North Korea


Status: Country who supports terrorism, Risk to invest in, Risky country to do business with;

Involved in: Providing finances, Training grounds, Aid for terrorists, Human rights atrocities;

Profit: Profits for leaders, Regime private benefits, Keep the citizens under fear, Damage on domestic democracy;

Spreading: Government propaganda, Fear;

Providing for Terrorists: Arms, Ground, Camps, Training;

Democracy: Democracy Low low

North Korea
Terror Financiers
North Korea
Terrorists Attacks
North Korea
North Korea
Terror Events
North Korea
Terror Extremists

General Info:

The Government of North Korea was designated a state sponsor of terrorism on January 20, 1988, for repeatedly providing support of acts of international terrorism.

The Government of North Korea has harbored members of the Japanese Red Army since a 1970 hijacking and continues to harbor the surviving hijackers to this day.

On July 16, 2010, in the case of Calderon-Cardona v. Democratic People’s Republic of Korea, the United States District Court for the District of Puerto Rico found that the Government of North Korea provided material support to the Japanese Red Army, designated as a foreign terrorist organization between 1997 and 2001, in furtherance of a 1972 terrorist attack at Lod Airport, Israel that killed 26 people, including 17 Americans.

On April 18, 2013, Michael Flynn, the Director of the Defense Intelligence Agency testified that Syria’s liquid-propellant missile program depends on essential foreign equipment and assistance, primarily from North Korean entities. Further statements by United States Government officials report that North Korea helped Syria build the Al Kibar nuclear reactor, which Israel reportedly destroyed in 2007, and could have been used to produce plutonium for nuclear weapons.

In the case of Chaim Kaplan v. Hezbollah, a United States district court found in 2014 that North Korea materially supported terrorist attacks by Hezbollah, a designated foreign terrorist organization, against Israel in 2006.

In December 2009, a North Korean arms shipment aboard an Ilyushin Il-76 cargo plane was discovered and seized by authorities of the Government of Thailand. The cargo, which was marked as consisting of oil-drilling equipment, contained 35 tons of rockets, surface-to-air missiles (MANPADS), explosives, rocket-propelled grenades, and other weaponry. A similar shipment was impounded in the United Arab Emirates a few months earlier in July 2009. A third shipment was intercepted by the Israeli government in the Eastern Mediterranean in November 2009. According to published media reports, United States and Israeli intelligence agencies concluded that the shipments were destined for Iranian-backed terrorists, including Hezbollah, Hamas, and the Quds Force. Another large quantity of shipments to both Hamas and Hezbollah, is believed to have been transferred unnoticed.

In July 2014, press reports indicated that militants from Hamas, a designated foreign terrorist organization, attempted to negotiate a new arms deal with North Korea for missiles and communications equipment that would have allowed the militants to maintain their armed terrorist attacks against Israel. Security officials announced that the deal between Hamas and North Korea was worth hundreds of thousands of dollars and was handled by a Lebanese-based trading company.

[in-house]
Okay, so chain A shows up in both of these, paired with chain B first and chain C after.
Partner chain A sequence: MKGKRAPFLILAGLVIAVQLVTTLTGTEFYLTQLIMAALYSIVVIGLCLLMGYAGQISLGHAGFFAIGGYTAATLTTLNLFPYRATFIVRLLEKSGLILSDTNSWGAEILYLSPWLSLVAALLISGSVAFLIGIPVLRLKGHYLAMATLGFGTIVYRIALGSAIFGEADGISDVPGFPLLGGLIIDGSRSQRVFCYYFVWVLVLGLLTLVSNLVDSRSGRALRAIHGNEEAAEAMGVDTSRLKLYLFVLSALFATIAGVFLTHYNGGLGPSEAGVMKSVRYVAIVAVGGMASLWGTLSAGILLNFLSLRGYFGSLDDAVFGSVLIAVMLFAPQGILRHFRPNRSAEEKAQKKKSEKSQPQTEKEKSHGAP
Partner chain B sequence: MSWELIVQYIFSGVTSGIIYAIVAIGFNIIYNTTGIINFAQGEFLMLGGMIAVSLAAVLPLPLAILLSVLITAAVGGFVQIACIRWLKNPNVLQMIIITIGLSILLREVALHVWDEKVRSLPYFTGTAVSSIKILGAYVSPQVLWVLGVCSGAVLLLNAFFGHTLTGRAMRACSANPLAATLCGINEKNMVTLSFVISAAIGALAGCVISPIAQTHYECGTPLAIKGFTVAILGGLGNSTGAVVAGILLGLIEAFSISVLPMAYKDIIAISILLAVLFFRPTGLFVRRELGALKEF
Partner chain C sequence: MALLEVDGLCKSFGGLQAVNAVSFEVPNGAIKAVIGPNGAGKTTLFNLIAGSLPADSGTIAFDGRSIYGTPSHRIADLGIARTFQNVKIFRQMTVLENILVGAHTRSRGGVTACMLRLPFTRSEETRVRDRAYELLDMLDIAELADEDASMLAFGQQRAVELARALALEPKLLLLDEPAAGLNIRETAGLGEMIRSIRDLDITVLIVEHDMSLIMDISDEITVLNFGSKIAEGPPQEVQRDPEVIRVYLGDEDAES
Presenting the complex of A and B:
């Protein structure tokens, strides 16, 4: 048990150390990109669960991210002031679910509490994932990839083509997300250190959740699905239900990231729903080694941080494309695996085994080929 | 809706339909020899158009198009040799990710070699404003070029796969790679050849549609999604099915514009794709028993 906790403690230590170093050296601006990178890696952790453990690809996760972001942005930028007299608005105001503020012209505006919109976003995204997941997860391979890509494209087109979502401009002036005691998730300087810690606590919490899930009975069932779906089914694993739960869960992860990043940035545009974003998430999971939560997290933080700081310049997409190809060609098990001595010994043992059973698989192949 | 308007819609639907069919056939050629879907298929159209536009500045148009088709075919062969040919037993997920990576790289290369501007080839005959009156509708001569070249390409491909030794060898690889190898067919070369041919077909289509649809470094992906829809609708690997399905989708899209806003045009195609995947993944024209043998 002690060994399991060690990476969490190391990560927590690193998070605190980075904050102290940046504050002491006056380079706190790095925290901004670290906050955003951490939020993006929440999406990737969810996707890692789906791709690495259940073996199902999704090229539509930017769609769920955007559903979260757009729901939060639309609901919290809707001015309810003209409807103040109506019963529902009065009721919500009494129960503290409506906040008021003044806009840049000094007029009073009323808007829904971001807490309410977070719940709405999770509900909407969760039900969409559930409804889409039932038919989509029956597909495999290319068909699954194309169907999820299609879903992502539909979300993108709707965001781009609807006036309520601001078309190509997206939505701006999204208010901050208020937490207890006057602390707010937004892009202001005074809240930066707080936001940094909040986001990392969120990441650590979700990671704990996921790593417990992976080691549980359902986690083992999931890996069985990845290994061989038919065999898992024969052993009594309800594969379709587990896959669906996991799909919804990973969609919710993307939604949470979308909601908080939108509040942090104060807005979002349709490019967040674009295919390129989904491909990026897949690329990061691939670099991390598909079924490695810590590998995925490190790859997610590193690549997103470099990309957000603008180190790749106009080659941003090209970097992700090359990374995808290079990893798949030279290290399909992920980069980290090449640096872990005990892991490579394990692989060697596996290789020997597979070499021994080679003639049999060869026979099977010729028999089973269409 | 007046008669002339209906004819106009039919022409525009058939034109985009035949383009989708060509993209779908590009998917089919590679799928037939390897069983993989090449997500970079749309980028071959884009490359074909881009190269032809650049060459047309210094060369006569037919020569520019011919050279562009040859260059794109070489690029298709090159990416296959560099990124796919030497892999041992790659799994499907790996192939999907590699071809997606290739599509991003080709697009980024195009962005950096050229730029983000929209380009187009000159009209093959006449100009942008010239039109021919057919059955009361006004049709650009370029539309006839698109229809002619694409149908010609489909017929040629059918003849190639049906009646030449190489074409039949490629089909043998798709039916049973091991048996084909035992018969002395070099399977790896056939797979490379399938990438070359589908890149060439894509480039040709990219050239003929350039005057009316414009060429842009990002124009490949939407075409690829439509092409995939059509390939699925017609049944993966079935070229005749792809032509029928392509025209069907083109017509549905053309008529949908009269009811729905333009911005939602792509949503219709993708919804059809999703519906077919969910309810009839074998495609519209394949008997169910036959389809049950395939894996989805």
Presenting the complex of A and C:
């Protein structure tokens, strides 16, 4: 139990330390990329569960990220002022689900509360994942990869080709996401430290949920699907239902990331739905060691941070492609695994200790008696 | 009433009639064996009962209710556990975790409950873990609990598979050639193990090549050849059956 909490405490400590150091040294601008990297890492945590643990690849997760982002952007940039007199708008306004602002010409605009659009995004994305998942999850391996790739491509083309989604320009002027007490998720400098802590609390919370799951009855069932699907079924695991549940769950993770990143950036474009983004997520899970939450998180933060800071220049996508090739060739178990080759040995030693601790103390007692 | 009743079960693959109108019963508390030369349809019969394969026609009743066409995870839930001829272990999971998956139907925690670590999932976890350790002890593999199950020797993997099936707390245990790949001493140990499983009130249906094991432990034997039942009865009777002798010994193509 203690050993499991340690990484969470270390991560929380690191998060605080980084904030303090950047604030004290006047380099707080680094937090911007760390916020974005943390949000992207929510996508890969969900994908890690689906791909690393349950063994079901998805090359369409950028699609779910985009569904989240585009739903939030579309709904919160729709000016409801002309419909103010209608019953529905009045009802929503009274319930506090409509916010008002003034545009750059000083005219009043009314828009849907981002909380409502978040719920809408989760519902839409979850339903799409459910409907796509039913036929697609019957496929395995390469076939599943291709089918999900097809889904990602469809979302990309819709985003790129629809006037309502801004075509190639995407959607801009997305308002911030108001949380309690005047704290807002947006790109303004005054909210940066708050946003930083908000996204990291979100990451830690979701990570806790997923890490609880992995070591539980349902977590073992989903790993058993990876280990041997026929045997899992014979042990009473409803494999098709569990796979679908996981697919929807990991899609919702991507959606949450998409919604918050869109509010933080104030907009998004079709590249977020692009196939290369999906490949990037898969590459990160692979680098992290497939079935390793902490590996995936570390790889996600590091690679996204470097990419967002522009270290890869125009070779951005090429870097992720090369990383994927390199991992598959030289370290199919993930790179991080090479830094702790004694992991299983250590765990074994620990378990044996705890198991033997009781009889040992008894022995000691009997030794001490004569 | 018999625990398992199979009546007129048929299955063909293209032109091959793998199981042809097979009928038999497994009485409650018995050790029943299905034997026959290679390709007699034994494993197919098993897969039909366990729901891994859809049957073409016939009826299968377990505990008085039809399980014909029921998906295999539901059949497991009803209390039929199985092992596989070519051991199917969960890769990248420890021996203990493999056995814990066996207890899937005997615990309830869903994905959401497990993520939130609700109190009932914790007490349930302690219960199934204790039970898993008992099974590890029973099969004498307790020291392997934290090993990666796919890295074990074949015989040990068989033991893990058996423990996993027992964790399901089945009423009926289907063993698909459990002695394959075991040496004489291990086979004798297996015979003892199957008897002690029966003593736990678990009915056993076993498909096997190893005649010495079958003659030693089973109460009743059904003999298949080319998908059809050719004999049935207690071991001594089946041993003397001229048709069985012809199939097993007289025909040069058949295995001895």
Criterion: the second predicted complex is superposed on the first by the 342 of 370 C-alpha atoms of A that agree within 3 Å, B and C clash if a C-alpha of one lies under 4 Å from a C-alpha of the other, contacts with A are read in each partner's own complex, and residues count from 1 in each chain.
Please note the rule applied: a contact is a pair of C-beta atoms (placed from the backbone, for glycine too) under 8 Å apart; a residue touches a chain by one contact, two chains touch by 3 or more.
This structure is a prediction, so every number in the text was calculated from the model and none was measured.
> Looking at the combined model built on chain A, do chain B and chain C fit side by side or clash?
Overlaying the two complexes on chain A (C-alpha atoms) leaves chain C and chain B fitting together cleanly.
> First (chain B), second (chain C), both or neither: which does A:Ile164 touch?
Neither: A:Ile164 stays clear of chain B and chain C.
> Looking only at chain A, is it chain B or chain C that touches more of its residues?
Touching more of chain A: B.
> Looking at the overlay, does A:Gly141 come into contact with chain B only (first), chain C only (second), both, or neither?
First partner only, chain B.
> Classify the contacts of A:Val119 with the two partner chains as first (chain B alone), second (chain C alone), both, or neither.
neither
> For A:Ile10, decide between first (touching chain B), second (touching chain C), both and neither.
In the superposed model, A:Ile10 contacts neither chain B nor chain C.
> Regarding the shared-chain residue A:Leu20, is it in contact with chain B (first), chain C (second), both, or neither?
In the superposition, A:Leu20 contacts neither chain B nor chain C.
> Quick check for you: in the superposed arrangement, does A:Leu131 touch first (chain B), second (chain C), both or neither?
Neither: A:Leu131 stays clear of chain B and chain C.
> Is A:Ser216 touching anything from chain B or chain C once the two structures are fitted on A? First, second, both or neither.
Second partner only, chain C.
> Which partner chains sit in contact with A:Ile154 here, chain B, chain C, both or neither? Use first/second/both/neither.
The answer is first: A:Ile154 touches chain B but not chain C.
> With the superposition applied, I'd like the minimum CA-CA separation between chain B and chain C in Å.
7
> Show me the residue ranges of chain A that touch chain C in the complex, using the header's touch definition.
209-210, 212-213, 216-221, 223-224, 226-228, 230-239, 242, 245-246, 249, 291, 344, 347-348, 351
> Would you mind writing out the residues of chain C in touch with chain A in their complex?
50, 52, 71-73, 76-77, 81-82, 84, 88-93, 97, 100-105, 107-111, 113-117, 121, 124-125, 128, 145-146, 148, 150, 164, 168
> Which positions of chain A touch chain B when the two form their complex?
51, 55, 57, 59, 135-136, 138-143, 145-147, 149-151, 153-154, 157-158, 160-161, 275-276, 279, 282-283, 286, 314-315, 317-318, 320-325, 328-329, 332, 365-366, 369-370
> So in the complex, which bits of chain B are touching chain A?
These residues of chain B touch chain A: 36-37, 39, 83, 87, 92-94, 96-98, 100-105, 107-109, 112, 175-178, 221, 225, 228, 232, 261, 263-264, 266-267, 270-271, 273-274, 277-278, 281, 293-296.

In March 2015, the South Korean government publicly accused North Korea of responsibility for a December 2014 cyber attack against multiple nuclear power plants in South Korea, stated that the attacks were intended to cause a malfunction at the plants’ reactors, and described the attacks as acts of “cyber-terror targeting our country”.

Since October 2008, the Government of North Korea, including any agents or instrumentalities of the Government of North Korea, directly or indirectly, committed, conspired to commit, attempted, aided, or abetted any other act of international terrorism, including through:

  • • support for any organization designated as a foreign terrorist organization, any entity designated pursuant to Executive Order 13224, or any entity that otherwise supports acts of international terrorism;
  • • direct sponsorship of acts of international terrorism; or
  • • the provision of armaments or other controlled goods, services, or technology to any country the government of which is designated as a state sponsor of terrorism; and(B) such act constitutes support for international terrorism.

North Korea also operated training camps in Angola for guerrillas of the African National Congress (ANC) and the South West African People’s Organization (SWAPO).

Both organizations were trained in terrorist tactics at these camps. But North Korea operated far more guerrilla and terrorist training camps within its own borders. Between 1968 and 1988, North Korea built and operated at least 30 special training camps within its borders, specializing in terrorist and guerilla warfare training. Reports at the time indicated that over 5,000 recruits from some 25 nations visited these camps to take part in various courses lasting anywhere from three to 18 months.

Support for nation-states engaging in terrorist tactics was not the only activity that the North Koreans engaged in at their camps up until the late 1980s. In fact, Pyongyang supported a number of terrorist groups—particularly in the Middle East. According to National Security analyst Barry Rubin, “Up until the late 1980s, North Korea trained Palestinian terrorists, both those belonging to the PLO and from Syrian and Libyan-backed groups.” Rubin further states: